Senior members of Maldivian Democratic Party (MDP) have said that bribery and people losing faith in elections may have been responsible for the party’s loss in yesterday’s election.
While the preliminary results are to be announced by the Elections Commission (EC) tonight, results reported by the media indicate that the MDP have won less than 30 percent of seats (22 – 25 seats) while the ruling Progressive Party of Maldives (PPM) has taken approximately 39 percent of the seats (33 seats).
Along with the seats of the PPM’s coalition partners – including Gasim Ibrahim’s Jumhooree Party (JP), who reportedly won 14 seats – President Abdulla Yameen’s government appears to have won the approximately 65 percent of the seats in the People’s Majlis.
MDP Chairperson MP ‘Reeko’ Moosa Manik and MDP parliamentary group leader MP Ibrahim ‘Ibu’ Solih – both of whom reclaimed their seats yesterday – expressed discontentment over the party’s overall performance.
“There are a number of constituencies from which the results we got really surprised the MDP. This includes Gaafu Alif, Gaafu Dhaalu and Haa Alif atolls. The results we got from these areas are not the ones we expected or hoped for,” said Hinnavaru member Ibu.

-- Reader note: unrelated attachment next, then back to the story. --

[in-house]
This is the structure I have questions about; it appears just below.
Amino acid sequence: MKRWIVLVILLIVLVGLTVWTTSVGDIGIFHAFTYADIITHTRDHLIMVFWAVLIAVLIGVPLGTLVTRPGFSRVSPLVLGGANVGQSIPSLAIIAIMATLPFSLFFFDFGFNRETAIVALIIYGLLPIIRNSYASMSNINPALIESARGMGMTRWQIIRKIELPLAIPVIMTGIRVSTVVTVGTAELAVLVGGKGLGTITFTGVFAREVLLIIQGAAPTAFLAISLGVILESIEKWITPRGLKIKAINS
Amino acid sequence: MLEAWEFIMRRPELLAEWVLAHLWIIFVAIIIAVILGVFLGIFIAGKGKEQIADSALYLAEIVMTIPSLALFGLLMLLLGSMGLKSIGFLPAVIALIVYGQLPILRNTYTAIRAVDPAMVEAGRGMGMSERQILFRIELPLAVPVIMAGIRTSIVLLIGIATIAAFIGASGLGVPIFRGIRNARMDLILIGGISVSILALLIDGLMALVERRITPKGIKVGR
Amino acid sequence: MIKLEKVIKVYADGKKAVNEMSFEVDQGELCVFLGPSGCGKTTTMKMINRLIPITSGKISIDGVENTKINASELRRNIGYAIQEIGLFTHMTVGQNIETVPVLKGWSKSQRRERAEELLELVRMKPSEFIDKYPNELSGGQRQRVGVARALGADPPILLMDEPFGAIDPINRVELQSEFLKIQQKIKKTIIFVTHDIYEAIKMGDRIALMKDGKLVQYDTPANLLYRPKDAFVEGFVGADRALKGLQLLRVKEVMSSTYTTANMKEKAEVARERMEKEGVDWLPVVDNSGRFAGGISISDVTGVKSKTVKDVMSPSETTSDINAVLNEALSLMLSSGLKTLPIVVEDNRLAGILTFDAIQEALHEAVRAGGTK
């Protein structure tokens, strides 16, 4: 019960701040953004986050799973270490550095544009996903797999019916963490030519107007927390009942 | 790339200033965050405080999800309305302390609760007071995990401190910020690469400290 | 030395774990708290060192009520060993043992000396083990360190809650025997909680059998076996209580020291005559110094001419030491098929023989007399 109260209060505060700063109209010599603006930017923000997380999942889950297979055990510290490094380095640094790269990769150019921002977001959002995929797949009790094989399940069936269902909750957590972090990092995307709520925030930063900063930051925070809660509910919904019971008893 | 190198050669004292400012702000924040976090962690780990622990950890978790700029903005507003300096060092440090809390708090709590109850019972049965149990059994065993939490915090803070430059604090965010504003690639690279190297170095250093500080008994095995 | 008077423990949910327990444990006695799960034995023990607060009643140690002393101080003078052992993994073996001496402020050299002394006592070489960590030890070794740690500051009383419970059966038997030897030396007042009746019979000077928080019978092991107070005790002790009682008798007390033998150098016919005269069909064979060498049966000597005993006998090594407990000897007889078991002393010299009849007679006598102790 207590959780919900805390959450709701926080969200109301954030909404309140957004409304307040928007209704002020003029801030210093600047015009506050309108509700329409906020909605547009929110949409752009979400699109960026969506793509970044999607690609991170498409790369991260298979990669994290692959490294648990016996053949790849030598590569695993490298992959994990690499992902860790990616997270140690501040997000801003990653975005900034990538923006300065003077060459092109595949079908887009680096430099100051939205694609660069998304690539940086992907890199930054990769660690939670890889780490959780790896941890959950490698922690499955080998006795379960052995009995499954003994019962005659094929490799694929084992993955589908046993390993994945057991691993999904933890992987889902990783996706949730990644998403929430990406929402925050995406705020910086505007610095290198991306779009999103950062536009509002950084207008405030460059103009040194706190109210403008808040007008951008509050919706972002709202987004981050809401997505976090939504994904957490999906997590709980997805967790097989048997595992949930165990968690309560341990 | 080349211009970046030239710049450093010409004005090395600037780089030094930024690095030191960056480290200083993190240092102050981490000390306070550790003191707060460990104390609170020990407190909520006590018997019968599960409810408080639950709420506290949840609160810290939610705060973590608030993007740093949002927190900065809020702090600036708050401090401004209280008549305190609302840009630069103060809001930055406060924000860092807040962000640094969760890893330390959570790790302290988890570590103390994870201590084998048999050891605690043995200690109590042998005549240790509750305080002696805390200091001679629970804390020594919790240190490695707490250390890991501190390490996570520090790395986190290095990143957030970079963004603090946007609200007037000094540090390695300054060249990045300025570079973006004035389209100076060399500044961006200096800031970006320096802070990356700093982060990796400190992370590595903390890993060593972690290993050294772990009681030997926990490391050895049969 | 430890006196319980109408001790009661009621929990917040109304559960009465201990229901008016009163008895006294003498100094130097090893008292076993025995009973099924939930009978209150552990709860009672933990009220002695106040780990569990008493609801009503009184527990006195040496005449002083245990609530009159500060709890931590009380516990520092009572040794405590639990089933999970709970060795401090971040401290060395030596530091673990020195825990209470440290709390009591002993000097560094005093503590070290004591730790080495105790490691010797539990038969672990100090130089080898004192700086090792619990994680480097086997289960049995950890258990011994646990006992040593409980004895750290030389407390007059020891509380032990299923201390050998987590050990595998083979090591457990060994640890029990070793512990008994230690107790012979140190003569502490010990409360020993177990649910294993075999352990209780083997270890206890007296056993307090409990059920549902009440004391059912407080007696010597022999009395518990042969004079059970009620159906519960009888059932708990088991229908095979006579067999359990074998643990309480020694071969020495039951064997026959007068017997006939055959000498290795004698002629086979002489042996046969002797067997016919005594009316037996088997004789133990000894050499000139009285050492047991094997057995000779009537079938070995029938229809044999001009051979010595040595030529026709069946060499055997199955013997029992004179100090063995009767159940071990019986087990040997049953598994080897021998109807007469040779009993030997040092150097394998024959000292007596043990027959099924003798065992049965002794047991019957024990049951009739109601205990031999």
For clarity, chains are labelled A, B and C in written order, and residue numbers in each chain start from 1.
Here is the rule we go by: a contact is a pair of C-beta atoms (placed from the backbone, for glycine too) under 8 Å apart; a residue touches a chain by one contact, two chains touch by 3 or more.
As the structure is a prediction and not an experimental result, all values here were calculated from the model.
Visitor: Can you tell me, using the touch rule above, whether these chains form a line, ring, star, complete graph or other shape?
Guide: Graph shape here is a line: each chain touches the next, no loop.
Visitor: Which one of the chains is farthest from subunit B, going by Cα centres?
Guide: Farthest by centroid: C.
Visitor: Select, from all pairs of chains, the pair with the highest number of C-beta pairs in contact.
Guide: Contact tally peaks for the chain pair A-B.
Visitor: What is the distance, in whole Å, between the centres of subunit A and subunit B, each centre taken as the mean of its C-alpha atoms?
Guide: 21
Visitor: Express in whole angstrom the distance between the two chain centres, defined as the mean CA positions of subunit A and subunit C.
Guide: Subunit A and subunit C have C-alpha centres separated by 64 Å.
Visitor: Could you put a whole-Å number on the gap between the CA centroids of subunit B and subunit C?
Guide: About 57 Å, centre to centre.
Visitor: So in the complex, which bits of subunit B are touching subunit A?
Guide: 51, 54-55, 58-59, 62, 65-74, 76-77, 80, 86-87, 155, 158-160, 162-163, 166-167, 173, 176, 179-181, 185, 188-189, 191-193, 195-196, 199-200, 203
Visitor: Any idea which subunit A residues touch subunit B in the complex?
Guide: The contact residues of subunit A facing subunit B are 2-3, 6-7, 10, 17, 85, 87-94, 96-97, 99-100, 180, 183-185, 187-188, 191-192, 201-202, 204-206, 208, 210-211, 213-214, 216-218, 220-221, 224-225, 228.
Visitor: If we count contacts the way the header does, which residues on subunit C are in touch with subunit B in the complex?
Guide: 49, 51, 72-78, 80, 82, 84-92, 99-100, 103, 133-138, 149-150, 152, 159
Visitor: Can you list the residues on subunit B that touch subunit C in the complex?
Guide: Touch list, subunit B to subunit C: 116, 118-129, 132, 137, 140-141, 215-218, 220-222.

He noted that the party was not satisfied with the results in Malé City, and that while Addu City’s results were largely as expected by the party, losing MP Ilyas Labeeb’s seat was a surprise.
Meanwhile Ibrahim ‘Ibra’ Ismail – who lost in yesterday’s Machangolhi Dhekunu poll – said that the results did not surprise him as much.
“I believe the election is a farce – while there was a free vote, it was not a fair vote. Government influences were used, voters were threatened, and people were bribed openly – I noticed this particularly in my constituency.” He said.
Ibra led the drafting of the 2008 democratic constitution in the the constitutional assembly and later served as an advisor to President Mohamed Nasheed.
When the party seemed divided over participating in the election after the Supreme Court sentenced the independent EC members, Ibra revealed that he had supported a boycott just as had former President Nasheed.